The diabetes Myquest consultation tool study | 48568

Primary Health Care: Open Access

ISSN - 2167-1079

The diabetes Myquest consultation tool study

Annual Congress & Medicare Expo on Primary Healthcare

April 25-27, 2016 Dubai, UAE

Gillian Hood

Queen Mary, University of London, UK

Scientific Tracks Abstracts: Primary Health Care

Abstract :

Background: The consultation between nurses and patients is an important aspect of managing diabetes, which can improve clinical outcomes. It can also be a frustrating experience due to limited time, training, and unidentified patient emotional problems. The diabetes MyQuest Consultation Tool√?¬© is a collaboration between nurses and patients to provide a meaningful guide to consultations through a patient questionnaire. The questionnaire combines clinical information, self-care statements and approved psychological scales, so that patients√ʬ?¬? needs can be more readily recognised and addressed. Aims: The aim of this pilot study was to provide a supportive, structured, and time-efficient tool for patients and nurses to use, to optimise diabetes self-care, and to identify any mental health problems. Methods: This pilot study was a mix of methods in randomised control trial involving patients with type 2 diabetes and with no current mental health problems. Patients were randomised to routine consultations (control) or to use the MyQuest Consultation Tool√?¬© in their diabetes appointment (intervention). Patients were given pre and post measures of diabetes knowledge (DK), consultation satisfaction (PNIF), empowerment (DES) and interviewed. Results: 120 patients (40-90 years; m=67 years) were consented into the study. Of these, 106 patients (66 male; 40 female; average diabetes duration 9 years) completed all study visits. There were significant changes for the whole sample between pre and post study measures of DK (0.0001*), PNIF (0.0004*) and DES (0.0010*). 38% of participants scored below the clinical cut-off point on the WHO-5 Wellbeing Index indicating a need for clinical intervention. Qualitative results demonstrated a strong preference for using this tool, highlighting its empowering structure and guidance. Conclusion: This pilot study demonstrates: High acceptability of the diabetes MyQuest Consultation Tool√?¬©; positive changes in diabetes knowledge, satisfaction and empowerment; identification of unknown mental health problems; but only slight changes in HbA1c, BMI and Cholesterol. A longer term study is now needed to test whether MyQuest could also improve clinical measures in addition to providing welcomed structure for the consultation. With T2D remaining at epidemic proportions, MyQuest may be an efficient, realistic and cost effective strategy for managing diabetes in primary care.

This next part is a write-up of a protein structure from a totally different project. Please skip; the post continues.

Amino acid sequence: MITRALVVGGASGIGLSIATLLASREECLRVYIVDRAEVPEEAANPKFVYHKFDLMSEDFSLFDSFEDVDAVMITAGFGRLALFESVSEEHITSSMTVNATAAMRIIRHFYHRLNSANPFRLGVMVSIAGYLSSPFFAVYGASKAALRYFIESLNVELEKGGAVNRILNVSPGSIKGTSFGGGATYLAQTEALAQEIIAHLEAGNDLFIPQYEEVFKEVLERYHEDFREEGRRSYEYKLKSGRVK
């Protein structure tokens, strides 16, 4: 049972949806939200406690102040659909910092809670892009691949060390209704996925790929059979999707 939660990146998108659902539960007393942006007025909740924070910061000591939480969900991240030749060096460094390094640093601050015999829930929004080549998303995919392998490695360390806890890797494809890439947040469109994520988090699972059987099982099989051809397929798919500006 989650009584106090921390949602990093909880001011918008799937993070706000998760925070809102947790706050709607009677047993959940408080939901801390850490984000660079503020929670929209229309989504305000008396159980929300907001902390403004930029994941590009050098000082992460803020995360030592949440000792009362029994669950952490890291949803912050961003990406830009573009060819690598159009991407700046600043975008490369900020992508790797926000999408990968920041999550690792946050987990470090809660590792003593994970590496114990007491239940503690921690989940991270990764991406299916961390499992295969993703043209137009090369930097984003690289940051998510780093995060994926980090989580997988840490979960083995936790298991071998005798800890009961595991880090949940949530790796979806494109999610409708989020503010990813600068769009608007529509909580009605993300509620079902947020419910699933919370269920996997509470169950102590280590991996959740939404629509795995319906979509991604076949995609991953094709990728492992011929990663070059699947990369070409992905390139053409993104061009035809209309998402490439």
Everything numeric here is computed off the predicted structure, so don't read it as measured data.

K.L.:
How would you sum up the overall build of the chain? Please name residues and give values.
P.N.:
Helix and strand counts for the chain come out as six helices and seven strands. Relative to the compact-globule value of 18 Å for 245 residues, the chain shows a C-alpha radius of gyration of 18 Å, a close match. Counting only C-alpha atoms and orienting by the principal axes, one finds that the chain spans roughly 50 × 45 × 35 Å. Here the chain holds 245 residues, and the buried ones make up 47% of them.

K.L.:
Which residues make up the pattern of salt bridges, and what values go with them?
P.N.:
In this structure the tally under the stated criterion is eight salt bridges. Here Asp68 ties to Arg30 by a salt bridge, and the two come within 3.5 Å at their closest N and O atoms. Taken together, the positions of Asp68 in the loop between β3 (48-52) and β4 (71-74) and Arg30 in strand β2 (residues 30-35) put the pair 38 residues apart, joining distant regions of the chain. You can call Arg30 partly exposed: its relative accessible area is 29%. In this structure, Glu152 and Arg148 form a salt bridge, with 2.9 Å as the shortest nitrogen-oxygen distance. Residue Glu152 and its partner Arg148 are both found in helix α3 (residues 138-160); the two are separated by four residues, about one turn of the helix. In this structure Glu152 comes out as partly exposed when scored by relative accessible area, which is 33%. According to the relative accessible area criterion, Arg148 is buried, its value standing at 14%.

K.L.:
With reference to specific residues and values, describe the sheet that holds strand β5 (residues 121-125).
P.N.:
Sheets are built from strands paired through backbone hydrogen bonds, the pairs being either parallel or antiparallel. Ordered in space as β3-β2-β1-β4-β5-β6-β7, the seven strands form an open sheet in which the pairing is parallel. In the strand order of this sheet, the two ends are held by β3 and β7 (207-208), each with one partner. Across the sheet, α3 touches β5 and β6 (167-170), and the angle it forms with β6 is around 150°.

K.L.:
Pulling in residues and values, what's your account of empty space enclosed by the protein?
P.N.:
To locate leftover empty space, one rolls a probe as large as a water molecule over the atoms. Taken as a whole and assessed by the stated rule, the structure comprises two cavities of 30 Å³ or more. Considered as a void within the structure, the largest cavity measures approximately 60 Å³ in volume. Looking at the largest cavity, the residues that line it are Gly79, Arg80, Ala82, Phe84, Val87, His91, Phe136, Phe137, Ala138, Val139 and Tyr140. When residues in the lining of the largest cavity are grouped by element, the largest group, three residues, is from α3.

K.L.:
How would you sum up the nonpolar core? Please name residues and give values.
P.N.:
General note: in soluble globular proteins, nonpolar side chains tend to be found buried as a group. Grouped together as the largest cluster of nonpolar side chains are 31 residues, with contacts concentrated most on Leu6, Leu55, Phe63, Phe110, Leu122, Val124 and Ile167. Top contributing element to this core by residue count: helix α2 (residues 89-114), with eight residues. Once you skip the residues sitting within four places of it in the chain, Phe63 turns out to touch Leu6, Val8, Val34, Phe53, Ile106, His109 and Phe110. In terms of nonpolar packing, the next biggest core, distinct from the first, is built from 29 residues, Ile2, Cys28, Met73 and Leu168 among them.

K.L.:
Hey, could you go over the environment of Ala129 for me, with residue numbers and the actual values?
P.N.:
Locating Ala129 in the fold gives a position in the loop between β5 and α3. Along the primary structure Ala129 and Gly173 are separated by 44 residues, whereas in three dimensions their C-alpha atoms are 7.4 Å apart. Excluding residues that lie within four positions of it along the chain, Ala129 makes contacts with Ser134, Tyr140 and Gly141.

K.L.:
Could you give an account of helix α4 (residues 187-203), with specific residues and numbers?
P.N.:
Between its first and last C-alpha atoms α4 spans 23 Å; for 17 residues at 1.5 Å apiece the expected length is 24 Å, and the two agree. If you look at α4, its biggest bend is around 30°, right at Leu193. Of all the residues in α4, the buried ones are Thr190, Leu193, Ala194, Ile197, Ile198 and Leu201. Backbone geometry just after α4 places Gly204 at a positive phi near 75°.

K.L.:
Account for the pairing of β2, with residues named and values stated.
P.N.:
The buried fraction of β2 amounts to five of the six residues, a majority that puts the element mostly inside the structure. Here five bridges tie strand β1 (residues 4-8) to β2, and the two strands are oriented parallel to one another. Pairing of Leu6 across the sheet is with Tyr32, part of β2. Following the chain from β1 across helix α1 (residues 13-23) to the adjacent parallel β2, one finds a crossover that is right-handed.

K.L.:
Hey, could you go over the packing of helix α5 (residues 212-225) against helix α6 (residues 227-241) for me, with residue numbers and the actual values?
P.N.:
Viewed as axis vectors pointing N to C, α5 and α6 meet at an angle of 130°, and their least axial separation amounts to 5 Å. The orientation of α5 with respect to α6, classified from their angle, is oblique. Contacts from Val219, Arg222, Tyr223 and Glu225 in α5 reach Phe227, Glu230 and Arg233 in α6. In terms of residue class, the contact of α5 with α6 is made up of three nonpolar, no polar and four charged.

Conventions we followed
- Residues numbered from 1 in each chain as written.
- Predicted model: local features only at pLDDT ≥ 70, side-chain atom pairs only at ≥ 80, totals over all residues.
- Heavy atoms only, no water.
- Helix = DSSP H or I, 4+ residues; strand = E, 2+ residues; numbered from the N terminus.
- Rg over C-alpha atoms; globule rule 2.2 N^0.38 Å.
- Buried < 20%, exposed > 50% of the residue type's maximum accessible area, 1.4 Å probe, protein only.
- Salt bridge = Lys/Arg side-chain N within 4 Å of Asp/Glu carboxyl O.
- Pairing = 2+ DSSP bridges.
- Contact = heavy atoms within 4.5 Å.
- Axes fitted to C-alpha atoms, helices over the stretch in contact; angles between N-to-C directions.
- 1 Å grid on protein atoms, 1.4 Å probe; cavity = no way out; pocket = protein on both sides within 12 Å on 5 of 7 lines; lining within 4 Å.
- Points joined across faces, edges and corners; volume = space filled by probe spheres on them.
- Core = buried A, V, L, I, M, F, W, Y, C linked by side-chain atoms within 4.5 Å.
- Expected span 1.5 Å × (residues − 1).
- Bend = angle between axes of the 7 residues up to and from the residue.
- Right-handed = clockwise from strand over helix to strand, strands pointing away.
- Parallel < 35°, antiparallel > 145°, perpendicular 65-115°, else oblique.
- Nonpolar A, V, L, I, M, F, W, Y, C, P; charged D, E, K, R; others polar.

Biography :

Gill Hood has been involved in diabetes care since qualifying as a nurse in 1984 and from 1997 began working in diabetes research. She managed the NE London Diabetes Research Network from 2007-2013 increasing patient recruitment 5 fold during this period and conducting her own research into fasting during Ramadan for people with diabetes, how older adults manage diabetes over time, and improving the patient-doctor consultation in diabetes. Gill is also an original member of the EU funded Diamap study which aimed to project diabetes research milestones for the next ten years. She is also involved with patient and public information groups encouraging users to discuss research and be more involved. She is an honorary research fellow at Queen Mary, University of London (QMUL) and continues to manage diabetes clinical research at QMUL. Gill is the Workforce Development and Patient and Public Involvement and Engagement Lead for the North West London Clinical Research Network funded by the National Institute of Health Research. In her capacity as Workforce Lead Gill runs course in Clinical Research for nurses and allied health professionals. She also runs courses for patients and the public who want to be involved with research. Gill is a member of the Foundation of European Nurses in Diabetes (FEND) and the Novo Nordisk Research Foundation for Nurses and Allied Health Professionals. Gill’s diabetes research interests are in ethnic minorities and engaging hard to reach groups in research, diabetes and older adults, health professional education, and patient and public involvement.